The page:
Jul 06 2015
My social media feed last week was full of the news about the Harvard Business School study which showed that daughters of working mothers are more successful… well, within a certain definition of success. I read the headline and then thought briefly about what possible criteria they would use to determine success – my guess was salary and level of degree achieved. I wasn’t too far off: the study attributed success to the daughters of working mothers on the basis of employment; salary; and whether or not their position was a supervisory position. In conclusion, an exceedingly narrow vision of success.
Never mind that we don’t know how or why daughters of working mothers are more successful in those areas or that “working mother” in the case of this study referred only to children whose mothers had held a job outside the home for any period of time before the child was 14. I really don’t have a dog in the working mother arena, my main issue is with how Harvard Business School and all the news articles portrayed the study in that it’s a pretty soul-less idea of success in life. Before we determine how successful the children of working mothers are, why can we not ask one simple, additional question: Do you find your work meaningful? Hell, give all the kids a scale from 1 to 10 and then tell me: who finds the work they undertake more meaningful?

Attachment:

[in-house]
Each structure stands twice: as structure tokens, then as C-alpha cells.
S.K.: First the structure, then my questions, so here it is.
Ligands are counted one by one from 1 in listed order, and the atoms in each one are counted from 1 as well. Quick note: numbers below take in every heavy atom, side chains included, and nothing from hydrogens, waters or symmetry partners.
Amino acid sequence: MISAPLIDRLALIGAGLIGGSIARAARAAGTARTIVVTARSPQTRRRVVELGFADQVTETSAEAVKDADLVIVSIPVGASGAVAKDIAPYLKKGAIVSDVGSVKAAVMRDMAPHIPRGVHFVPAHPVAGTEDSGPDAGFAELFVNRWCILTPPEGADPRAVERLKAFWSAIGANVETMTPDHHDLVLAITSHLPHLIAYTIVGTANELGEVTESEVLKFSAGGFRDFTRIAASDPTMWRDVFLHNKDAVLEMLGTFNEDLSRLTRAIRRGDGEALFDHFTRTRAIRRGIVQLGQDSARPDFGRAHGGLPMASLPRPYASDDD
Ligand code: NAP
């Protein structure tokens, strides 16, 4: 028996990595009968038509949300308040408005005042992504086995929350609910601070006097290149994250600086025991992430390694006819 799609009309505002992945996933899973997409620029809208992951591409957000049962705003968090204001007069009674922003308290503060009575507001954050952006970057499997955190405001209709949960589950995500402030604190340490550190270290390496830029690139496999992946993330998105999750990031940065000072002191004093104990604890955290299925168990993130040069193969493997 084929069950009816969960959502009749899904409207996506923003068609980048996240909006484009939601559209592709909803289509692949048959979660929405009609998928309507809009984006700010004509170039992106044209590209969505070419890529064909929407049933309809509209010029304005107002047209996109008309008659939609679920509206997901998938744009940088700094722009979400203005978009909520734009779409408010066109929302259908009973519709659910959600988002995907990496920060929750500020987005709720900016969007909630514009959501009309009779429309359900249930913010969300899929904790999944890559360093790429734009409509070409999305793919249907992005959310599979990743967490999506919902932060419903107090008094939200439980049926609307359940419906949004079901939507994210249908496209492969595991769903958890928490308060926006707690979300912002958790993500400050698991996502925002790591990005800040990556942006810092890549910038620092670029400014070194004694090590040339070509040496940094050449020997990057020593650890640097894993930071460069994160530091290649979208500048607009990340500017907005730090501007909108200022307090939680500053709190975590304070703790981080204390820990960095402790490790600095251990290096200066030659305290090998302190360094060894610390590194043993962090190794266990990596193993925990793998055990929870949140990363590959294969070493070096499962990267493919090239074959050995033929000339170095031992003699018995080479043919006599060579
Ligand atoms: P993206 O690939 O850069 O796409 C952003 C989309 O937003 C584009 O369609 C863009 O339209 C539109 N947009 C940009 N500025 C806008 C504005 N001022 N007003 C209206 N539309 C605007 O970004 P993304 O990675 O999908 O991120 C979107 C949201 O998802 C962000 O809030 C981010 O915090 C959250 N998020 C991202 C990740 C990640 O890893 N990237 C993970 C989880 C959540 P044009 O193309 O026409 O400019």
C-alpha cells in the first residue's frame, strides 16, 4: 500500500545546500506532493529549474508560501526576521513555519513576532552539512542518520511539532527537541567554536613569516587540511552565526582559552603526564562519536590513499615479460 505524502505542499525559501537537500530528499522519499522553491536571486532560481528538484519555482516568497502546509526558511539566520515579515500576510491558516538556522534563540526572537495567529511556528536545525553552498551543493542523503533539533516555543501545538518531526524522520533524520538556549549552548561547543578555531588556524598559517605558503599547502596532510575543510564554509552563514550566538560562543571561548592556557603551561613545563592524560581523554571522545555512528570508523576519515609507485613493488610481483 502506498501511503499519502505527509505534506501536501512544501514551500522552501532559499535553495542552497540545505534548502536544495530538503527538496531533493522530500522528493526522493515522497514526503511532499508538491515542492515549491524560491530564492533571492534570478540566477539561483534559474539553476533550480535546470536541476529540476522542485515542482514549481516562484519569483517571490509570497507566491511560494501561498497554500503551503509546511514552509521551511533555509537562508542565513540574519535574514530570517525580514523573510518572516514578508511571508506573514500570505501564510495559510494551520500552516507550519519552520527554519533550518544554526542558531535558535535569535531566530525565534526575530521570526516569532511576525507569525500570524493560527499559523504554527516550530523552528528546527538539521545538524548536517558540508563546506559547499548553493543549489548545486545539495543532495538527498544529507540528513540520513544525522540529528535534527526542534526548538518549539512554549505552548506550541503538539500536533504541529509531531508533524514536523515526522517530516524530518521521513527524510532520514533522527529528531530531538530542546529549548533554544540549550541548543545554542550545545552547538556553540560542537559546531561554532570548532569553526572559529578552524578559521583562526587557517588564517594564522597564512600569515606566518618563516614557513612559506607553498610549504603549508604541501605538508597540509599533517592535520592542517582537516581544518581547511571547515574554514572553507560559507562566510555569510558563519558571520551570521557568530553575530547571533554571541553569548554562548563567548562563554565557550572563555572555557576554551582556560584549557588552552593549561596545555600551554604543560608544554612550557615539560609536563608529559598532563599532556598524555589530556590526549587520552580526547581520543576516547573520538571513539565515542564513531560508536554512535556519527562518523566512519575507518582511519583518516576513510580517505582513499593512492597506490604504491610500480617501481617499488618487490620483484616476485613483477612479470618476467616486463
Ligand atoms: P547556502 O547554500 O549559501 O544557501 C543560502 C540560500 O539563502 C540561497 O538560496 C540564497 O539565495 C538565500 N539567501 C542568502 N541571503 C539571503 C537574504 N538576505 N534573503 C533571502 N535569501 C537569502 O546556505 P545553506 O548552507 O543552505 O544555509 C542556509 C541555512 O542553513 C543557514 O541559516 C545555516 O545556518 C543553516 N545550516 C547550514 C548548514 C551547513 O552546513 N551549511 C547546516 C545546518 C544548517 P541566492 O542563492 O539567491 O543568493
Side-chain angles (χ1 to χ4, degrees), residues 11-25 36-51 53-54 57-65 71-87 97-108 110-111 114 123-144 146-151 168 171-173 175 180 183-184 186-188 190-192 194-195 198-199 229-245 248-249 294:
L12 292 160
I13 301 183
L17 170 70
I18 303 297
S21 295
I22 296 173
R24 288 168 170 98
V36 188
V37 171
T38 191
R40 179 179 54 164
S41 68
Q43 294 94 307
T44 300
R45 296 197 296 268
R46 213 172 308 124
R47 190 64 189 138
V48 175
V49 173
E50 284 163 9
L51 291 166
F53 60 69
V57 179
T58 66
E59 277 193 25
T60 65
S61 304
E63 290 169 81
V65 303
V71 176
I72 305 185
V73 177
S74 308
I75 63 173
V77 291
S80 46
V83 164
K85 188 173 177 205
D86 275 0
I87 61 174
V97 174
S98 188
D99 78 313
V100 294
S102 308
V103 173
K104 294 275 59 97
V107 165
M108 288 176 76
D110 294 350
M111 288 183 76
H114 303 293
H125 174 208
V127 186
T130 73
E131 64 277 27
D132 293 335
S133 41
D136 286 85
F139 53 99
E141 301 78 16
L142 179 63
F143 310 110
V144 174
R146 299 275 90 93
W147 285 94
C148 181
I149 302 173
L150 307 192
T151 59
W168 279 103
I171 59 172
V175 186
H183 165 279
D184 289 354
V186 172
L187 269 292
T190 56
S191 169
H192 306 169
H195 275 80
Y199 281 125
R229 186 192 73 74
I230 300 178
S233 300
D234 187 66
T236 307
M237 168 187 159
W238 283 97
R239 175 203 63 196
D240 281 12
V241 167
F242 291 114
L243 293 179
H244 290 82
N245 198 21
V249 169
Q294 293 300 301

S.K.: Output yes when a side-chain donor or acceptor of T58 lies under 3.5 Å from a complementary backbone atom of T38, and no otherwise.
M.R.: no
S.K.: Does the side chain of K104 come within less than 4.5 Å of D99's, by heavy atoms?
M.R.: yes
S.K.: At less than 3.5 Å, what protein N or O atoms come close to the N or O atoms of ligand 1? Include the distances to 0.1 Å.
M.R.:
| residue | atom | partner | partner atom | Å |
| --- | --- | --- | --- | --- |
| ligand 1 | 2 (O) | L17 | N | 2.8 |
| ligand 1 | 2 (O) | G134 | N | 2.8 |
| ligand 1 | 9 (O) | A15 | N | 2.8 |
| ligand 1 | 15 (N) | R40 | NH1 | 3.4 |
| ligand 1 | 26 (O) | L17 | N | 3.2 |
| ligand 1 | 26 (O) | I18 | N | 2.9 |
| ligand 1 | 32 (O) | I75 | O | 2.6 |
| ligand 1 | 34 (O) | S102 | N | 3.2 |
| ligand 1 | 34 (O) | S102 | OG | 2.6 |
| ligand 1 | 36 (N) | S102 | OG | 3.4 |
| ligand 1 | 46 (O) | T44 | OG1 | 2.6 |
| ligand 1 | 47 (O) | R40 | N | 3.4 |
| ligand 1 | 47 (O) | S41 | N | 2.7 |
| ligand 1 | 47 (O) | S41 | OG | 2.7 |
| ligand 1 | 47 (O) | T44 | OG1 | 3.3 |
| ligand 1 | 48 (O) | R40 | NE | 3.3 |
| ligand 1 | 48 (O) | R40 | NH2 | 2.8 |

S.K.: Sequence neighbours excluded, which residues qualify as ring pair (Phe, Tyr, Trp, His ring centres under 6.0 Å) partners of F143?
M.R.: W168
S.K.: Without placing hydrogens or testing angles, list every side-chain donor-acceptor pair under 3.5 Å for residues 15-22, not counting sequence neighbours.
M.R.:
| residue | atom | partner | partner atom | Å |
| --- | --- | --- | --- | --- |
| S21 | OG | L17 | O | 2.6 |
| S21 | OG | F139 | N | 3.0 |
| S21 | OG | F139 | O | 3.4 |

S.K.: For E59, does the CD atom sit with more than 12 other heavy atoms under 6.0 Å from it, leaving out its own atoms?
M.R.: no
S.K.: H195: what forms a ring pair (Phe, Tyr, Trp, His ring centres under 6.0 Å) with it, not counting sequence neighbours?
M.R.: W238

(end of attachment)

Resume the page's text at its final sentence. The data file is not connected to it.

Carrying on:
As industrialized society rapidly plunges towards employment becoming less and less likely for larger numbers of people, we should do better than to simply parrot this narrow view of the world. As long as we base success on salary and define identity by employment we will marginalize some set of people – and that set of people is guaranteed to grow larger as time passes. Not to even touch on the fact that the espoused vision of success has no place for care work. When we determine success on the basis of salary and position, we do a disservice to the multitudes of people engaged in the little-valued (at least, as judged by salary) care work that is so integral to our society: teachers, paramedics, day care workers, home nurses, etc. Everyone’s success in life is predicated on that care work being performed.
My mother would meet the criteria of working mother for the purposes of this study: she spent 3 years or so working outside the home starting when I was 8 or 9. I don’t know if she enjoyed her job, but I do know that her job resulted in us kids being more responsible for certain chores around the house: we were cooking some meals for the family, vacuuming and helping with laundry. Her job helped us take more ownership of our own jobs: schoolwork, helping with housework, etc. That being said, my mother has always had only one stated goal for all her kids: happiness. I cringe at the idea of any other determination for success besides personal happiness or satisfaction or contentment or whatever you want to call it. People are not corporations or bank accounts or stocks to be traded. A larger salary or a job where you boss people around is meaningless if you aren’t engaged in a job which you find challenging or rewarding or interesting. I personally believe that engaging in meaningful work, whatever that work may be, is a prerequisite for human happiness and we ought to be concerned, as a society, about allowing and encouraging everyone to seek meaningful work. But don’t fool yourself: your daughter isn’t doing well just because she makes more money or supervises someone else, at least, not unless she’s also engaged in work she finds meaningful.
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